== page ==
(Delighted to welcome back alumna Doris Buss, who contributes this guest post)
The Supreme Court of Canada recently agreed to hear the appeal in a case involving a niqab-wearing woman who is the sexual assault claimant in a criminal case against two male defendants.
N.S., the claimant, wears a niqab, a veil covering the face but not eyes. Now an adult, N.S. claims the two defendants, one a family member, the other a family friend, sexual assaulted her as a child. At the preliminary inquiry, the defendants insisted the claimant remove her niqab while testifying so they could assess her demeanor as part of their defence.
The preliminary inquiry judge agreed, and ordered N.S. to remove her niqab while testifying. She refused and the matter was brought to the Ontario Court of Appeal, which overruled the preliminary trial order that she remove her niqab, but sent the matter back to the preliminary judge for a reconsideration. N.S. requested and has now been granted leave to appeal to the Supreme Court of Canada.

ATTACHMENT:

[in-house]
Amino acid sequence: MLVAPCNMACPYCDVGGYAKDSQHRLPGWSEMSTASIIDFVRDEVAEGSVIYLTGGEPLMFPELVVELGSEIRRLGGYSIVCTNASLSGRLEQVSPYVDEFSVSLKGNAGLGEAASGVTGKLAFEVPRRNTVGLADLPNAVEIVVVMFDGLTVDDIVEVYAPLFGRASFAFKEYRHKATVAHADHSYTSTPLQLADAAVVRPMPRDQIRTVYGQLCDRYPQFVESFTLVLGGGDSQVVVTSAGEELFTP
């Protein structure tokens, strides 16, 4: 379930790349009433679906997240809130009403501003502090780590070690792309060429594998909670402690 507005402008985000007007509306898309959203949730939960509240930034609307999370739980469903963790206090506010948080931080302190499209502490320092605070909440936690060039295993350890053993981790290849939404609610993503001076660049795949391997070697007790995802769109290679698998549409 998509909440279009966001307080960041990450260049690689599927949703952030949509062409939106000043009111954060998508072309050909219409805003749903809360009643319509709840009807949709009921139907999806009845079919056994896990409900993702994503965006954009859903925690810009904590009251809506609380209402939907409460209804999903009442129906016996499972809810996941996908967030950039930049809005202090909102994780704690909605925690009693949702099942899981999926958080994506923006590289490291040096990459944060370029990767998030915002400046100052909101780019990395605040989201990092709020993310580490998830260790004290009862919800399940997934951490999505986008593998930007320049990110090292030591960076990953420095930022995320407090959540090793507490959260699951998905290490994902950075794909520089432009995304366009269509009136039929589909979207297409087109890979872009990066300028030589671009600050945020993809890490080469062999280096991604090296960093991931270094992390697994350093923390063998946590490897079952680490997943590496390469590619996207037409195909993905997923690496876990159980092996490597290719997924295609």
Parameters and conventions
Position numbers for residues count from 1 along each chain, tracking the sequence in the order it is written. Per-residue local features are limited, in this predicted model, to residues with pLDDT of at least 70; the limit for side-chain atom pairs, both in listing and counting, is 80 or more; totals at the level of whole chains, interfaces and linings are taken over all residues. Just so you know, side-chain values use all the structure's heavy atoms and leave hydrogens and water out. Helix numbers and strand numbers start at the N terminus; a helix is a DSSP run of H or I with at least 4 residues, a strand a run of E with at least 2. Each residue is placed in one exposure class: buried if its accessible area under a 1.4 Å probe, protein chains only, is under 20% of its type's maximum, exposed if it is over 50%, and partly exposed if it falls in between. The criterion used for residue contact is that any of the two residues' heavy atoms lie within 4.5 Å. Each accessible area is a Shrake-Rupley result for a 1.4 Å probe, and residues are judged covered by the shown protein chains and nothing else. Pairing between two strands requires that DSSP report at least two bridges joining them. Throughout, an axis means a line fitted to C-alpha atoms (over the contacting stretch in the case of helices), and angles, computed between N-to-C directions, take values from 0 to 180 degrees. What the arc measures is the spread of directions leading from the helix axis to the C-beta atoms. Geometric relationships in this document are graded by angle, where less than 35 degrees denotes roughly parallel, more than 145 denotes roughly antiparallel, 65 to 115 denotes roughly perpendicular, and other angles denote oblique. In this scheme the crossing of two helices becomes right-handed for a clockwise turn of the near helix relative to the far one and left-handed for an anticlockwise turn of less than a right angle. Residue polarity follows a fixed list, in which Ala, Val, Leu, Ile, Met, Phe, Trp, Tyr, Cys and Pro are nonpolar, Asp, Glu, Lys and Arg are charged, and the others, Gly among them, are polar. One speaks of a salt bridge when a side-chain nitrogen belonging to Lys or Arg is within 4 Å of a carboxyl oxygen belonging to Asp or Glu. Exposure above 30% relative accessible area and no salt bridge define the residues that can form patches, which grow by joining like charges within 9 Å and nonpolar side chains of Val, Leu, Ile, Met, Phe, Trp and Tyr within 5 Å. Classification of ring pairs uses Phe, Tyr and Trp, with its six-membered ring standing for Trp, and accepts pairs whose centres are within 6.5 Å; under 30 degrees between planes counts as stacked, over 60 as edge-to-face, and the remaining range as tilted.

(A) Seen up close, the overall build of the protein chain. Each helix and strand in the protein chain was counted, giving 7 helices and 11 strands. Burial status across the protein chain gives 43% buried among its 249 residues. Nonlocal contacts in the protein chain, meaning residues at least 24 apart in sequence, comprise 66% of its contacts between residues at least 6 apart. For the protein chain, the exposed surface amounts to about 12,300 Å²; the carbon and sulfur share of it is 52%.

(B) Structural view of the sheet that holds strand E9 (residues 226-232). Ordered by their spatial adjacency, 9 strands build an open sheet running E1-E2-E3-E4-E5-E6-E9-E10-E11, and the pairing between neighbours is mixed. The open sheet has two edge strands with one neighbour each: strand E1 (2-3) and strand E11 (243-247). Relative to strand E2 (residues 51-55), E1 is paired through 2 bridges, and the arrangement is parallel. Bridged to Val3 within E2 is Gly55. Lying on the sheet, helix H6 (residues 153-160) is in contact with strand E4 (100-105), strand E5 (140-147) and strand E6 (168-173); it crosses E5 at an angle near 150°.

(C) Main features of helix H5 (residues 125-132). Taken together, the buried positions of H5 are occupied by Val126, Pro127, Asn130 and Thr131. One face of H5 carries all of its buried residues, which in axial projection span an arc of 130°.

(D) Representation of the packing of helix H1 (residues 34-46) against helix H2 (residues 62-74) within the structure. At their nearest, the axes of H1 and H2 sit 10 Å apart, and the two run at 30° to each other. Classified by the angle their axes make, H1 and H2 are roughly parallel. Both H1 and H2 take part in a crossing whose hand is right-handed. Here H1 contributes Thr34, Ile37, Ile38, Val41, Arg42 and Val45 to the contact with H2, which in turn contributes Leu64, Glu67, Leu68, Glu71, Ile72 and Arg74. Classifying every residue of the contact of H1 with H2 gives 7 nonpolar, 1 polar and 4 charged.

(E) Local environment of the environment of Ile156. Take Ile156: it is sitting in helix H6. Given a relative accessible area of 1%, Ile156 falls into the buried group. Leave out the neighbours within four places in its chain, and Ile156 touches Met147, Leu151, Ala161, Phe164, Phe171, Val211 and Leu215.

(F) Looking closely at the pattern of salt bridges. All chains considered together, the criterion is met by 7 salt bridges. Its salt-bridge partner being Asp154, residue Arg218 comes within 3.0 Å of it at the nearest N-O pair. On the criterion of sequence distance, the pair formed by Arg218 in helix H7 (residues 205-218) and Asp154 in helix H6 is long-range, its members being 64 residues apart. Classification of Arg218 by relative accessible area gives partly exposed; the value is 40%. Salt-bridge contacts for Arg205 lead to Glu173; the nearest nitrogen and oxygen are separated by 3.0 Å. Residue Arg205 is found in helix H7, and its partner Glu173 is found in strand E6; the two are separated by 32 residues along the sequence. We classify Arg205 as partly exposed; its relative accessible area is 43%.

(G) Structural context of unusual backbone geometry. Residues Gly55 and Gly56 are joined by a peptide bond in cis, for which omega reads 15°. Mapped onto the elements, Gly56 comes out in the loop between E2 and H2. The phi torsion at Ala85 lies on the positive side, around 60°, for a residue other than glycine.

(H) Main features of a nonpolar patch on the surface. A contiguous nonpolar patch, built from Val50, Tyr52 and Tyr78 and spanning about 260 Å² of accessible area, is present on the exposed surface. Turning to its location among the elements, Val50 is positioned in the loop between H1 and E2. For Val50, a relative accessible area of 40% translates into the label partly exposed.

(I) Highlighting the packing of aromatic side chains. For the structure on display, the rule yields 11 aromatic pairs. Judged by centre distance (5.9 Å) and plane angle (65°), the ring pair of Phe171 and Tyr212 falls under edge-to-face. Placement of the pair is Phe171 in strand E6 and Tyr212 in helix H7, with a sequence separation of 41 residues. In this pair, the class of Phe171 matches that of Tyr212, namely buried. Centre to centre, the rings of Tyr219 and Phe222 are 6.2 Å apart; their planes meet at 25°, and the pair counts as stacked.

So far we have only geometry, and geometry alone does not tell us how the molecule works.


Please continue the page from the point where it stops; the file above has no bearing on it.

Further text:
The case of N.S. is generally depicted as pitting freedom of religion against the rights of defendants in criminal trials. At least one of the interveners – Women’s Legal Education and Action Fund – has argued otherwise. LEAF, which intervened at the Ontario Court of Appeal and will likely apply to intervene at the Supreme Court, has argued this case raises issues about access to justice for religiously observant women, and should be seen in the context of tactics that revictimize sexual assault complainants. Ordering a woman to remove her veil, LEAF suggests, is an attempt to “humiliate and intimidate” and “diminish and beat down” the complainant at trial.